WWE makes rare reversal with women's battle royal name but questions still remain

WWE announced one week ago that, for the first time, a women's battle royal will be held at WrestleMania 34. If that were the extent of the reveal, it would have been lauded as great news. But it was not, and the outrage that followed led to WWE making a rare reversal of plans under pressure from fans, the media and a key sponsor.

In the spirit of the Andre the Giant Memorial Battle Royal, WWE initially named the women's version the "Fabulous Moolah Memorial Battle Royal." Attaching Moolah's name to the match set off a wave of outrage from fans and members of the professional wrestling media that eventually reached WWE's key sponsor for WrestleMania in Snickers (parent company Mars).

Moolah -- real name Lillian Ellison, who passed away in 2007 -- has been accused numerous times over the years of various misdeeds. Allegations against Moolah have included wage theft, withholding bookings, financial and physical exploitation of her trainees, and most disturbingly, alleged drugging and exposing her students to sexual assault in exchange for compensation.

Moolah's career spanned over 50 years and included a WWE Hall of Fame induction in 1995. While Moolah had her detractors the entire time, public awareness about the extent and nature of the accusations against her grew with the era of shoot interviews and the emergence of social media. The murmurs turned to roars. Moolah's reputation soured quickly.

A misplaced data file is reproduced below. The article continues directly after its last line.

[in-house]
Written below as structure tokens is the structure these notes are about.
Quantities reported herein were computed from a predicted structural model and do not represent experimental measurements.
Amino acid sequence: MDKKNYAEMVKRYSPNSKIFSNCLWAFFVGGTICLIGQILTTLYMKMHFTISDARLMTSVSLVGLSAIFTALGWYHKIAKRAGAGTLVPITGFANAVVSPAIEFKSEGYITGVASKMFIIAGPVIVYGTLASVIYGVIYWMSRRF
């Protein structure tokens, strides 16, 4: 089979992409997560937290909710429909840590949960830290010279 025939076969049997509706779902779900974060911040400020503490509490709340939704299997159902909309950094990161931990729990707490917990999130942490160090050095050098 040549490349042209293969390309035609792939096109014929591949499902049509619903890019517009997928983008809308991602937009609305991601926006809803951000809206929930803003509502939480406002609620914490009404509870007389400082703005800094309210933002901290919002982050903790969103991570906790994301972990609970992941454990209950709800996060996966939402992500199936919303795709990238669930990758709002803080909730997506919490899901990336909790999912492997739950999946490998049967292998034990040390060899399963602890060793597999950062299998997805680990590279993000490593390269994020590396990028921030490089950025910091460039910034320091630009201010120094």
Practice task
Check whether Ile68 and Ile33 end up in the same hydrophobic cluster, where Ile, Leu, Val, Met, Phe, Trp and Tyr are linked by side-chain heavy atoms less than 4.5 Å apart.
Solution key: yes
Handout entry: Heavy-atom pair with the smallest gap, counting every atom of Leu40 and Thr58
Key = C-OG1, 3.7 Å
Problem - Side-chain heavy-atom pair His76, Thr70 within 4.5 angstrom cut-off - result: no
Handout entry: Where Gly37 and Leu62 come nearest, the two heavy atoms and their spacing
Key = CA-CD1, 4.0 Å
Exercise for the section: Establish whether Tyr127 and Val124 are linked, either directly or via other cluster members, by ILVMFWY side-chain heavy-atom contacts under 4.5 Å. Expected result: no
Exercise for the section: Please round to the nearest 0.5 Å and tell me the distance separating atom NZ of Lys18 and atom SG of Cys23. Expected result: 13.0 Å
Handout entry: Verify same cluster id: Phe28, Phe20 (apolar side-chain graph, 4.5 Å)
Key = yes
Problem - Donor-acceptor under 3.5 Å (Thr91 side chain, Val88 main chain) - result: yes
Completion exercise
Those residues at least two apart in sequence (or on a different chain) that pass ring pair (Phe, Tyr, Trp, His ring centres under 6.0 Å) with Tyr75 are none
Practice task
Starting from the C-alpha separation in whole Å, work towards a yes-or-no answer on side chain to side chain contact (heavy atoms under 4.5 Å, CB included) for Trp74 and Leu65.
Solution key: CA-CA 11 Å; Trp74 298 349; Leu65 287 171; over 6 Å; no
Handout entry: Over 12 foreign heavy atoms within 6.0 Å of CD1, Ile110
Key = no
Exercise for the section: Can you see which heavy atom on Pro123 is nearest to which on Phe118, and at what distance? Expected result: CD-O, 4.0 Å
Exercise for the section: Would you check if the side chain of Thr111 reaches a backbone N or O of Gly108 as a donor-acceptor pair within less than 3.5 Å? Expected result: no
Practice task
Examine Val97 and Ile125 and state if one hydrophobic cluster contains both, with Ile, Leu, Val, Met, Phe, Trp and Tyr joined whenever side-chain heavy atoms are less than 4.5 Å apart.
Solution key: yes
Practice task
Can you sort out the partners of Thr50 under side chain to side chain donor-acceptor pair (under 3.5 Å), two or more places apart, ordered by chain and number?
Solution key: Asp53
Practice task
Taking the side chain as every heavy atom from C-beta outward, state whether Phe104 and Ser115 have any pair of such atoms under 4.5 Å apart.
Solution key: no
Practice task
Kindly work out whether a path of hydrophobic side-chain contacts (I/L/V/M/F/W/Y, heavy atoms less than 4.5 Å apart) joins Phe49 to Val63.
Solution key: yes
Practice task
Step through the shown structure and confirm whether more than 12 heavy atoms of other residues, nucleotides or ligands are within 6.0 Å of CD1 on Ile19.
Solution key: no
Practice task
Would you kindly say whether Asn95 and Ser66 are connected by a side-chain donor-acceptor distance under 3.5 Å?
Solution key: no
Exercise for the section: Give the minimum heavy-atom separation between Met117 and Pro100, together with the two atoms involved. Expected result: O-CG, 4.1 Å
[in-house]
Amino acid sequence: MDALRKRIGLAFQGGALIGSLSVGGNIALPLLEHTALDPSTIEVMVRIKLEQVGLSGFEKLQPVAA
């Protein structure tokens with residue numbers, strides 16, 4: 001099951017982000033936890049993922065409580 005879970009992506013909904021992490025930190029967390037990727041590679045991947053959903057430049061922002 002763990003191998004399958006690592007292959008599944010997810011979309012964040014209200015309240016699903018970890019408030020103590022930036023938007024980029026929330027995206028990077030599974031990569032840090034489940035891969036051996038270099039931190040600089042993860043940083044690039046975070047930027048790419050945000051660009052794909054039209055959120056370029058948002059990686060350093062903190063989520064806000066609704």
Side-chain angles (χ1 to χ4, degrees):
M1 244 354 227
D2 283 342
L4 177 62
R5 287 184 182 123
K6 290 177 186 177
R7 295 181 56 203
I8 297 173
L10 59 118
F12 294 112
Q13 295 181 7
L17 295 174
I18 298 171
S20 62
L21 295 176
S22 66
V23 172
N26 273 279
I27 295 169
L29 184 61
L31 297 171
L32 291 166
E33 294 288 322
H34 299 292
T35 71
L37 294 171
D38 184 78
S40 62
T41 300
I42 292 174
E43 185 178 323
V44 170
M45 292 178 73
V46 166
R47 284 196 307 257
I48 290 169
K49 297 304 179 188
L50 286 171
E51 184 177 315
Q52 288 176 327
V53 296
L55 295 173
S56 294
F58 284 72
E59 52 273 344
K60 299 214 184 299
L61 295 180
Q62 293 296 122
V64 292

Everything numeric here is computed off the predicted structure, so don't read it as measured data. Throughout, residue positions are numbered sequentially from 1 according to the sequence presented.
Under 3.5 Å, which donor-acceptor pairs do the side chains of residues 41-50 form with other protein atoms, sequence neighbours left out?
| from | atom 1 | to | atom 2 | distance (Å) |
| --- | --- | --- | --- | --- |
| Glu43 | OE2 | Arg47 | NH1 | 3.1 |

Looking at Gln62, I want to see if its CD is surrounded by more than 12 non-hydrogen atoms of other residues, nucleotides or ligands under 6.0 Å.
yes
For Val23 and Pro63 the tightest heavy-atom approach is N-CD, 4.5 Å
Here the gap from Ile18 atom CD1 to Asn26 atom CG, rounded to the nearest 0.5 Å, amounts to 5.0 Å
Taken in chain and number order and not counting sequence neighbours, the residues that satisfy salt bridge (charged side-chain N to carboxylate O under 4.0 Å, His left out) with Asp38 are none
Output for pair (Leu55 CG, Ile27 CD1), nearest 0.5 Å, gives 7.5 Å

Still, last week, WWE aired a video package on Raw -- and then again on SmackDown despite immediate rejection of the name choice -- celebrating Moolah as a trailblazer and advocate for women's wrestling. Current and former WWE wrestlers tweeted their admiration of Moolah.

Meanwhile, social media posts from fans and media were overwhelmingly negative, some pointing out that Moolah's living peers and former students were conspicuously absent from WWE's tributes. One former student, Jeannine "Mad Maxine" Mjoseth, released a scathing statement to Pro Wrestling Sheet denouncing Moolah.

Over the past 20 years, it's become more common for former Moolah acquaintances to come forward with allegations. In 2015, Moolah student and WWE Hall of Famer Wendi Richter told CBS Sports that Moolah was a "very angry person, very vulgar," and that "she oppressed women's wrestling."

Last week, CBS Sports heard from five additional people who were either Moolah's students or worked with her in pro wrestling. Of the five, which spoke to CBS Sports on the condition of anonymity, four agreed that Moolah was widely disliked for the way she treated "her girls" and that the public complaints about her WrestleMania honor were valid and warranted. One described Moolah's students disliking her as a "consensus."

A former WWE wrestler claimed a well-known Moolah student endured such trauma under her wing that she legitimately feared Moolah's presence.